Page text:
Vehicle manufacturers vie with each other for the must-have device or feature that differentiates them from competitors: car headlamps are one such area, and this is where LED lighting has taken centre stage.
This relatively new tech (which has already been joined by laser headlight technologies) requires markedly less energy to power than the standard bulb, but the trade off is its cost – especially repair prices, given the majority are sealed units, something many owners may not realise.
This is a stark contrast to those with more traditional lighting systems who have the option of replacing a failed bulb for a few pounds.
Five years ago, a report from CAT sibling brand WhatCar? detailed the potential cost of replacing a failed LED headlight unit. It noted the extent of the problem with two examples: a VW Polo GTI requiring a new unit costing then £846 while the Honda Jazz EX required a £714 part.
So, can the aftermarket play a part in bringing these costs down? We speak to those in the know to find out.
Why are LED headlamps sealed and so expensive to replace?
The simple answer: because they are meant to last a long time – longer than most will own a car for – and so need no user-serviceable parts. But the reason is also partly regulatory.
Speaking to CAT, Audi UK detailed how – and why – in 2013 it developed full LED headlights for its Audi A3, and Audi Matrix LED headlights with adaptive high beams for the Audi A8.
The German marque said that the units were “designed so that light components’ reliability met or surpassed the defined durability requirements. Unlike light bulbs, which undergo physical degradation of their filament, LEDs do not decline as light sources”.
Dave Clark, product manager at international parts supplier HELLA, thought the same. He noted that “the benefits for the motorist include reduced servicing costs as LED headlights require less frequent replacement thanks to their long lifespan”.
While halogen bulbs typically last around 500-1000 hours, Clark said that LED headlights can last up to 25,000 hours or more.
Even so, Audi reckoned that LED lights should rarely fail and where a unit does fail, “customers should contact our authorised service partners” where complaints will be handled “individually, given that individual situations are best assessed on site”.
But while units shouldn’t fail, they may need replacement following damage. In those instances, a new unit is going to cost the driver more than expected – it may even require an insurance claim.
For example, an OE-approved Audi A3 LED unit from Valeo costs £745.86, with an Hella-made ECE-approved A8 unit priced at £2602.09. Audi-sourced parts will cost even more.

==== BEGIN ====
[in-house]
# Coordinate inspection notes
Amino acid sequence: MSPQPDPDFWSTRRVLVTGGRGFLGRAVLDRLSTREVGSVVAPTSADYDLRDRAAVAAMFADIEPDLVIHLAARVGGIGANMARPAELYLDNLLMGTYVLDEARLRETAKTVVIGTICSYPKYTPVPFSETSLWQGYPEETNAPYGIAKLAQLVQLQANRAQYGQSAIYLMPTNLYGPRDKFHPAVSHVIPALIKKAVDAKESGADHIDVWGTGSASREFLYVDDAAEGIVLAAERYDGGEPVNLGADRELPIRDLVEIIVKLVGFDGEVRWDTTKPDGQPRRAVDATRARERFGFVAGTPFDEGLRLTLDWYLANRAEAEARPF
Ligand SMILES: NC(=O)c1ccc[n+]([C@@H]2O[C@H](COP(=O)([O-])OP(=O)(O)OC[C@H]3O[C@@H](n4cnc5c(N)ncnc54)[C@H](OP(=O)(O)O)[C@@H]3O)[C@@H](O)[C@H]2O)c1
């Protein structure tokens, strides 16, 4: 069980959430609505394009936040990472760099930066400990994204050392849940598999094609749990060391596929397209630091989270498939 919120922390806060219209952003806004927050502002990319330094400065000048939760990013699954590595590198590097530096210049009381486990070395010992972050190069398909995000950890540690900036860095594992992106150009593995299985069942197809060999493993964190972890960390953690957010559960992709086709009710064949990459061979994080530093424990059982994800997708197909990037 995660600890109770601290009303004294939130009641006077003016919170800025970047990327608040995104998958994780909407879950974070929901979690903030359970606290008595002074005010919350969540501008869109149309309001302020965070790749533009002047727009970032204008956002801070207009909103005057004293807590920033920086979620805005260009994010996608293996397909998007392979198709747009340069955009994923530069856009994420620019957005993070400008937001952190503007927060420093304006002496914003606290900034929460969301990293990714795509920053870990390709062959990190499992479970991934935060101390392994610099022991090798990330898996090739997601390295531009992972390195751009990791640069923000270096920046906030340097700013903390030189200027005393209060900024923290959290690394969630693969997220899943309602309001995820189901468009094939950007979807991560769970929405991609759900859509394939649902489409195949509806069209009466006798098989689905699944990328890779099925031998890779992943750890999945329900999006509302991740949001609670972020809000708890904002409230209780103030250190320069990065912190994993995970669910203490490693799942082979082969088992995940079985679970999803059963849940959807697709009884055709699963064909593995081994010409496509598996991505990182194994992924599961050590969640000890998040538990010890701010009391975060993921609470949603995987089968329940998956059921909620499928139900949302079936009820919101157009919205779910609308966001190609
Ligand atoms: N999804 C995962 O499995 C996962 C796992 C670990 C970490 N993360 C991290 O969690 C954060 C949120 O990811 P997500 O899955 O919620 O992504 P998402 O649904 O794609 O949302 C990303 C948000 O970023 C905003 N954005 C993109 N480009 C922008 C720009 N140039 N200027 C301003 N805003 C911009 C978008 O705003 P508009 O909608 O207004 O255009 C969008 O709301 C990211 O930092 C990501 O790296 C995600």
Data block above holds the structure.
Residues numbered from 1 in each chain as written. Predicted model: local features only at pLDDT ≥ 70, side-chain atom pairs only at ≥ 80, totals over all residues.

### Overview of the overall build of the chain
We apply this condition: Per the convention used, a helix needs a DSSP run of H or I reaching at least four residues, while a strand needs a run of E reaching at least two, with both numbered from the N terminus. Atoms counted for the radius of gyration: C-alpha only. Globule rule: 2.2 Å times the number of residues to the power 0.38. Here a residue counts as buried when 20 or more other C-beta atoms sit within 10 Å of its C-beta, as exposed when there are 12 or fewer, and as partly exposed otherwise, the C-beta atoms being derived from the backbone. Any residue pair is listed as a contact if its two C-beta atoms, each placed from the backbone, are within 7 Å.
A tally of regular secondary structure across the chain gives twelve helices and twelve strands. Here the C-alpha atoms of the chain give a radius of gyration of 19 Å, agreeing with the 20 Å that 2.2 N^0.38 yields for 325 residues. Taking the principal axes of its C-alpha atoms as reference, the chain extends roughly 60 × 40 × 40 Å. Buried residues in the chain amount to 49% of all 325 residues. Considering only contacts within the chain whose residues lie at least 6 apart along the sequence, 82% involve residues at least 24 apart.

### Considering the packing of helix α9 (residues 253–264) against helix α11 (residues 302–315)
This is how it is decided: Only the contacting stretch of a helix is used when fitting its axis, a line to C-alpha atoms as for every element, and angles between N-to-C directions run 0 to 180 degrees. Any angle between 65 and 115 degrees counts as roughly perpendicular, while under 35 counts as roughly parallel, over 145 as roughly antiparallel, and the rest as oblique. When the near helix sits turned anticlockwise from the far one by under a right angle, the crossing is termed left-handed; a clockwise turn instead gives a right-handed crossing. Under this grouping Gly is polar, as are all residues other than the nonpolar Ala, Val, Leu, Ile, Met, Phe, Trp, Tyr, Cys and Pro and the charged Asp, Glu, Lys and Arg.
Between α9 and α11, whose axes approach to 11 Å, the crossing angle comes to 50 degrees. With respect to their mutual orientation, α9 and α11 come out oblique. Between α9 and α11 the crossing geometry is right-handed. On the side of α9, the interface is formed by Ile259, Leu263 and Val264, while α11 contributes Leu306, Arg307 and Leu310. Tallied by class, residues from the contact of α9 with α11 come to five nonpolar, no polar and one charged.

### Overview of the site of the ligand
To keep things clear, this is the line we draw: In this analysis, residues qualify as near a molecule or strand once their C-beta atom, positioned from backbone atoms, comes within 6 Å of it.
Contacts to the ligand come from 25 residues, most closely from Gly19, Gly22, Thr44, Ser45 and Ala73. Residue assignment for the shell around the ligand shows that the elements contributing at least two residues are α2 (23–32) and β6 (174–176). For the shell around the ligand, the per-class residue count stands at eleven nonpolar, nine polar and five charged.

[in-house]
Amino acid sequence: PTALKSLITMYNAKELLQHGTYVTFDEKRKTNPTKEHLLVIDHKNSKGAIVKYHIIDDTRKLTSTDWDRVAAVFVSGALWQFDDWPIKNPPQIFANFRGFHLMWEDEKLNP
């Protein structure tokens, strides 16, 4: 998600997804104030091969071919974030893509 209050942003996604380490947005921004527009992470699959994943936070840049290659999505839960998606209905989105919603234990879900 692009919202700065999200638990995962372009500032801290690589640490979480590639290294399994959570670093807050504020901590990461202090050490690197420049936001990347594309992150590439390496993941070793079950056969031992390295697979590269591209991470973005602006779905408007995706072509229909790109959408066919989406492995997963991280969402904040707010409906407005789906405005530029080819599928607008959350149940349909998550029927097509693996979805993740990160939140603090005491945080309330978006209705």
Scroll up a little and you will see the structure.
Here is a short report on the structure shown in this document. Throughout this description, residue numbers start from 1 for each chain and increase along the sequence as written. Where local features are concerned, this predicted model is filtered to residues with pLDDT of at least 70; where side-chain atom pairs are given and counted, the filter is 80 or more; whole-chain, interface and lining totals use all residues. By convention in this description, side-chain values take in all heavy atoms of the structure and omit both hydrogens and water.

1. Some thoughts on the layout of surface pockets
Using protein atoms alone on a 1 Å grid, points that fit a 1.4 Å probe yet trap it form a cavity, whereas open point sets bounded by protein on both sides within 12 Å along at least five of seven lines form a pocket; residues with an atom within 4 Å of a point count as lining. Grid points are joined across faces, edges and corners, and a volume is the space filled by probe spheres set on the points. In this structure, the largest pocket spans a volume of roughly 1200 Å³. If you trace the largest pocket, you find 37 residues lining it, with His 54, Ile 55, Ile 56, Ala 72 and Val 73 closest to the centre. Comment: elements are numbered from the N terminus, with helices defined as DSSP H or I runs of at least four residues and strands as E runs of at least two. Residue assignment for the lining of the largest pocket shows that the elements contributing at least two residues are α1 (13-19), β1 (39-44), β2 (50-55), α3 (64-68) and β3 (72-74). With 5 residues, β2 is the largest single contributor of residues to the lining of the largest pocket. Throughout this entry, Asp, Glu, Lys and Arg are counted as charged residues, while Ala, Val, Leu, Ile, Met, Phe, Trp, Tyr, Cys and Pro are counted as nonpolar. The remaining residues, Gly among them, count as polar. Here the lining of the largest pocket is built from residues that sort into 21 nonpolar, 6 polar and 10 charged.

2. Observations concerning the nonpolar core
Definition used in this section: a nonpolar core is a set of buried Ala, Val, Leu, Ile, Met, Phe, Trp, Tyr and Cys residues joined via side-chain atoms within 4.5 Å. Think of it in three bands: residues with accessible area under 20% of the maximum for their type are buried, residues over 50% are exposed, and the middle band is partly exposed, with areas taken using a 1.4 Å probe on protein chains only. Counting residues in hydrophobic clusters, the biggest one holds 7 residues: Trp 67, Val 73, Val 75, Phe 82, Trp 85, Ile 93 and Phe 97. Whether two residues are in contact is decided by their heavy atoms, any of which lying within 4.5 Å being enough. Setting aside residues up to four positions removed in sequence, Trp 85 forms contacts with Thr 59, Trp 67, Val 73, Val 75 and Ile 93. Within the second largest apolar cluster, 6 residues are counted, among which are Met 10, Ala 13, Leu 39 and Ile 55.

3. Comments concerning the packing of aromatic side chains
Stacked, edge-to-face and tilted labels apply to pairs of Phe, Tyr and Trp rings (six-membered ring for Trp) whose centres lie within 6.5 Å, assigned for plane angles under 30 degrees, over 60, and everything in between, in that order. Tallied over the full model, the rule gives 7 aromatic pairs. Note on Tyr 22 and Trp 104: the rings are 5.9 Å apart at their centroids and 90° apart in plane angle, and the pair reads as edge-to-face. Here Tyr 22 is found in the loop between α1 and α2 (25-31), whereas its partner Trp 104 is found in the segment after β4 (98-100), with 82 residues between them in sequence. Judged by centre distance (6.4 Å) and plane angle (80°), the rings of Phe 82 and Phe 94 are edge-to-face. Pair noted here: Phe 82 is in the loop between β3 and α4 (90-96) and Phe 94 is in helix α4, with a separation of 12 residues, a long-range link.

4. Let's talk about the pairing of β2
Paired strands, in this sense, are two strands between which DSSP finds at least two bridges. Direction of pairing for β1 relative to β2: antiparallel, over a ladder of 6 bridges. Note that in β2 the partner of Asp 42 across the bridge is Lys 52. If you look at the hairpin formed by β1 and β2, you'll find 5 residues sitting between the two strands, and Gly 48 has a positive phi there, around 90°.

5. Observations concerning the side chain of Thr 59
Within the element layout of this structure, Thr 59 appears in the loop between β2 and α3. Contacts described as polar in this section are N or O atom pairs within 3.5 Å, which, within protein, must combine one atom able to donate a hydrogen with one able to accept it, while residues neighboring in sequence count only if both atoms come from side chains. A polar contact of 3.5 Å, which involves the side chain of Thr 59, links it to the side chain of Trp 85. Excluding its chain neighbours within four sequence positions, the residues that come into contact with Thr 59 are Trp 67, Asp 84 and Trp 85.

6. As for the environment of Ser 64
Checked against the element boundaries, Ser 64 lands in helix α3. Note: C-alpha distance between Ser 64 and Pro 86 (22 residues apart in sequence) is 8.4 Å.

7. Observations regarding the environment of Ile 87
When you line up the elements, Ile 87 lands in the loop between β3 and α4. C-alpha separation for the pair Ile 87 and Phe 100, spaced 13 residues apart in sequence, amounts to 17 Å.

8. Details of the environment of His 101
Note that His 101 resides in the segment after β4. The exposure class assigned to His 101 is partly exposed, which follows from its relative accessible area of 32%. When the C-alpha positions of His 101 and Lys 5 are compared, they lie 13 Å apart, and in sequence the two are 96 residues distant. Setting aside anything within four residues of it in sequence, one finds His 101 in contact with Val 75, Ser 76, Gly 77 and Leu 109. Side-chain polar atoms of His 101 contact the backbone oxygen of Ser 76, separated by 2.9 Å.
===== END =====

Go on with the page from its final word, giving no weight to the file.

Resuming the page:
LED lighting unit cost concerns
This is a concern for many, as posts on a motoring forum, Car4Play, noted. One said they “shudder to think how they would cost to replace” in regards to these LED units, while another commented: “Yet another thing to financially write a car off if involved in a minor shunt resulting in damage to a headlight.”
In terms of replacements, although not addressing the question of costs, Audi noted ‘Audi Genuine Parts’ which includes identical (original) replacement parts as well as repair solutions (maintenance parts). It explained that the reason that failures require entire units to be replaced is that “type approval for headlight housing, the light lens et al for LED headlights are one system with LEDs and circuit board combined…therefore [we’re not] allowed to offer single circuit boards at our dealerships”.
From a different standpoint, Clark suggested that replacement costs are not unreasonable given that “headlight technology has undergone significant advancements in recent years, with extensive research and development efforts invested”.
He added that “vehicle manufacturers allocate significant resources to develop headlights that offer improved illumination, energy efficiency and guaranteed performance in the toughest of conditions.”
This leaves drivers having to cope with high replacement costs – especially as there are invariably no alternatives for them to buy and fit.
As Clark said, this is because “it is virtually impossible for third parties to reverse engineer ‘matching quality’ products cost-effectively for latest technology headlights”, adding: “The levels of technology and the need to meet sophisticated original design performance parameters will be too demanding.”
There are stories of ingenious individuals acquiring dud units and using them to create Frankenstein working units. But Clark didn’t advise this because “sealed LED headlight units are designed as integrated systems; they are not designed to be opened or repaired”.
LED lights are a lost segment for aftermarket… for now
For the aftermarket, headlamps look like a segment of the market that will increasingly become lost as a source of revenue as traditional units wane in usage in favour of modern sealed lighting systems.
And for drivers, WhatCar?’s advice was very clear: “If you’re going to keep your car for many years or are buying second hand, we’d recommend avoiding models and trim levels that have sealed headlight units.”